Tyre Wear Sludge to Semiconductors

pic of tyre mark
Tyre wear particles could be used to make semiconductors

Tyre Wear Sludge Content to Semiconductors

Sludge mining could recover tyre wear materials for semiconductors

Researchers at the University of the Chinese Academy of Sciences in Beijing have announced a breakthrough in the treatment of vehicle tyre rubber waste, using it as a base material for an organic semiconductor.

The researchers claim that waste rubber which is worn off onto road surfaces contains a swathe of chemicals used during the manufacturing process to harden and toughen the rubber, and these then wash down into waterways during the next rain - causing a serious hazard to health.

According to the researchers, a main element among these pollutants is 2-(methylthio)-bezothiazole, also known as MTBT. Treatments exist to remove hazardous MTBT from waterways, but in doing so produce their own waste - which is, according to the research, benign.

Researchers from the Chinese Academy of Sciences in Beijing, led by Hui Huang, have come up with an alternative treatment in which, the end product is not more waste but instead turns MTBT into an organic semiconductor, suitable for use in display applications. Using a metal catalyst, acid, and the application of heat, the team successfully converted MTBT into a material suitable for an organic field-effect transistor (FET); another variant of the process produces semiconductor nanoparticles which could be used as fluorescent dyes for the imaging of cells.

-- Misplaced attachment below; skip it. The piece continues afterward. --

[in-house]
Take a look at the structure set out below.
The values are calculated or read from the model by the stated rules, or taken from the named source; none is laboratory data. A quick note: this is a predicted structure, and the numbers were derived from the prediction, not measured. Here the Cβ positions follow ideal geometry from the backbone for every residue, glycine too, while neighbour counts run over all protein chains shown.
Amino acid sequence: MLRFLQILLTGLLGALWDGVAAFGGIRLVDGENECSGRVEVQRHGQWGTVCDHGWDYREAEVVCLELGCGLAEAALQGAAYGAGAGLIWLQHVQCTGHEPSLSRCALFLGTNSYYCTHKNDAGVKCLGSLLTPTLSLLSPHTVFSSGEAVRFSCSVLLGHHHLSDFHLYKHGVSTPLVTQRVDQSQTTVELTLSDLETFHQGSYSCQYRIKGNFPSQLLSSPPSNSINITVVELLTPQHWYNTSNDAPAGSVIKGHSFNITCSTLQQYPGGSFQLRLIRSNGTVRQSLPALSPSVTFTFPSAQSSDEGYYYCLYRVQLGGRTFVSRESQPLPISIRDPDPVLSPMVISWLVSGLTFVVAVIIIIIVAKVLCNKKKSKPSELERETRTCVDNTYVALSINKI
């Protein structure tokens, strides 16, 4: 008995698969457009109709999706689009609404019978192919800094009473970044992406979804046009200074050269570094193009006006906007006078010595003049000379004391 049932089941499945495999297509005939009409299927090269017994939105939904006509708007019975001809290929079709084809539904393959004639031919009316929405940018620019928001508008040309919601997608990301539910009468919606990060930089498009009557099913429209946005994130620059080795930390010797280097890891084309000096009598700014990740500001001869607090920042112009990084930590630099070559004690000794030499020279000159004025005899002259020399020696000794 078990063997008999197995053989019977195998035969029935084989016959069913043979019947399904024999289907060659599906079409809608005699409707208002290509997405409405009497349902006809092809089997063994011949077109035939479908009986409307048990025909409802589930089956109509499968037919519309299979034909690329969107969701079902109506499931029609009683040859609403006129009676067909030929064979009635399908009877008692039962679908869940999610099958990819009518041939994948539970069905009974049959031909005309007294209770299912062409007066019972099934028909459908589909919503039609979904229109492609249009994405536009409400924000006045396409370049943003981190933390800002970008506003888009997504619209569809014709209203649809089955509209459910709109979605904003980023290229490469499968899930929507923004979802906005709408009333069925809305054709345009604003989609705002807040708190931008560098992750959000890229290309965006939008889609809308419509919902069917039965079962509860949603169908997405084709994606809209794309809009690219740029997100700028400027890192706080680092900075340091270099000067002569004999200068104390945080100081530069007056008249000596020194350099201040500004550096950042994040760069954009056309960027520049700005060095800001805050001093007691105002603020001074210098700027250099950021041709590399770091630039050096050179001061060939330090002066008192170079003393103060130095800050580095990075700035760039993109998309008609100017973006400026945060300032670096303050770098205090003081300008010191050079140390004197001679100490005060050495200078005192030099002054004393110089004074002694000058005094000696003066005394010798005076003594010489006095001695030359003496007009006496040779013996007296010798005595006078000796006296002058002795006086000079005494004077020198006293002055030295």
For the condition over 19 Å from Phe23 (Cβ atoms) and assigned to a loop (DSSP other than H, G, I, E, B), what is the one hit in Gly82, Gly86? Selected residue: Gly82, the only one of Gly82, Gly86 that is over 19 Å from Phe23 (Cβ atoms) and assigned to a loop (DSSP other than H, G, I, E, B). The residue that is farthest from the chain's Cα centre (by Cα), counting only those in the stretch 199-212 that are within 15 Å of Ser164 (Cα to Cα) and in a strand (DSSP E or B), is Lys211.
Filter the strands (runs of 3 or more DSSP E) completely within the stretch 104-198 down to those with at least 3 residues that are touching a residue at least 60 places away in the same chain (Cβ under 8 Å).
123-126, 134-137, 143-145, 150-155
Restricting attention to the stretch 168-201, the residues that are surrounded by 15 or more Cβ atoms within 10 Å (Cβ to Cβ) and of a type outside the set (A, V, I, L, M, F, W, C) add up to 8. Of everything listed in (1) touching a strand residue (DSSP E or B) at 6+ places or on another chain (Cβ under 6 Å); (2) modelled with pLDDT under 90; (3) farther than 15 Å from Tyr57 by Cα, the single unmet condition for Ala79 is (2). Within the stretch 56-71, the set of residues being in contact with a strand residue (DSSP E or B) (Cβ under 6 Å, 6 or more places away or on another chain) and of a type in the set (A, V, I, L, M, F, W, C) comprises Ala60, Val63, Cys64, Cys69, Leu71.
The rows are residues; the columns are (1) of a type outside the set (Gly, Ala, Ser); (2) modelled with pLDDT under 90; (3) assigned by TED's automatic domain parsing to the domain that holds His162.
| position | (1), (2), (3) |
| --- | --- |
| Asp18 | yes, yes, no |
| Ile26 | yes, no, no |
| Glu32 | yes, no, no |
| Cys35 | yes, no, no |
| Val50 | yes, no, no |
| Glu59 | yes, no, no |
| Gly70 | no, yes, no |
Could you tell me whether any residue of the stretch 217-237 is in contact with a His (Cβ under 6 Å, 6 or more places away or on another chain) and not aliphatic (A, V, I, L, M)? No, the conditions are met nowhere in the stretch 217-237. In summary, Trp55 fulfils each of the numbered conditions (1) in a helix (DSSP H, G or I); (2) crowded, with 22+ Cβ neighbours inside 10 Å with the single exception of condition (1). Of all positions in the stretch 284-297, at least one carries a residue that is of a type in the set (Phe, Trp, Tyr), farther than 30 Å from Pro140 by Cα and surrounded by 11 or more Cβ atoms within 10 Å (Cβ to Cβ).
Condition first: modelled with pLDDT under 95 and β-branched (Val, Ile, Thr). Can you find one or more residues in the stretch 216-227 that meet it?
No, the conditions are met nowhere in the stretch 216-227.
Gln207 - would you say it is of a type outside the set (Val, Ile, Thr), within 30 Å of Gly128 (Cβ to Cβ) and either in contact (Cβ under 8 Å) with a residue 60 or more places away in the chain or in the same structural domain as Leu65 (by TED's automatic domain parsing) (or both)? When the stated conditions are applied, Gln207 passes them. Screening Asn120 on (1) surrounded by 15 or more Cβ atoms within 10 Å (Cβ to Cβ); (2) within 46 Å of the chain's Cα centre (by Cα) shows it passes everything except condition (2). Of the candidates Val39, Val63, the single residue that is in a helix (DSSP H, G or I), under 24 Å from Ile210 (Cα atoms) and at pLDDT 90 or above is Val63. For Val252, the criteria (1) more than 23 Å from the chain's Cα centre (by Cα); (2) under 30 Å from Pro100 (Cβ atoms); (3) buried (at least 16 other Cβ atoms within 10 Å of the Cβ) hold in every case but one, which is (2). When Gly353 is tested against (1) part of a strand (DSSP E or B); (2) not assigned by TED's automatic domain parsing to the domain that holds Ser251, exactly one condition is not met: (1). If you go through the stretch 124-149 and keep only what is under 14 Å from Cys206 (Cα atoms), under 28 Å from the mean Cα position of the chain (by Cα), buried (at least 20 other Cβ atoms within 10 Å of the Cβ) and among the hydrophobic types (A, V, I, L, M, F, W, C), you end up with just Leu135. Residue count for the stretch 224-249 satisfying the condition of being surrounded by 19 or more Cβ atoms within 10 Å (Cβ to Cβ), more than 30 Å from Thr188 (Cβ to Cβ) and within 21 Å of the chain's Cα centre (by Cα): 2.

'The organic semiconductors showed excellent performances in field effect transistors and cell imaging,' the team explains of its work. 'This contribution presents an excellent example of converting organic waste to valuable materials and may open a new avenue to utilise widely available aromatic thioethers.'

The team's research has been published in the journal Angewandte Chemie as 'Efficiently Converting Thioether Waste to Organic Semiconductors by Carbon-Sulphur Bond Activation'.

About the author

Ewan has been editor of Retreading Business since 2006 and of Tyre & Rubber Recycling since the magazine was founded. During this period he has become an expert on the global tyre recycling sector. He has many years' experience as an automotive journalist including a period at Tyres & Accessories.

 

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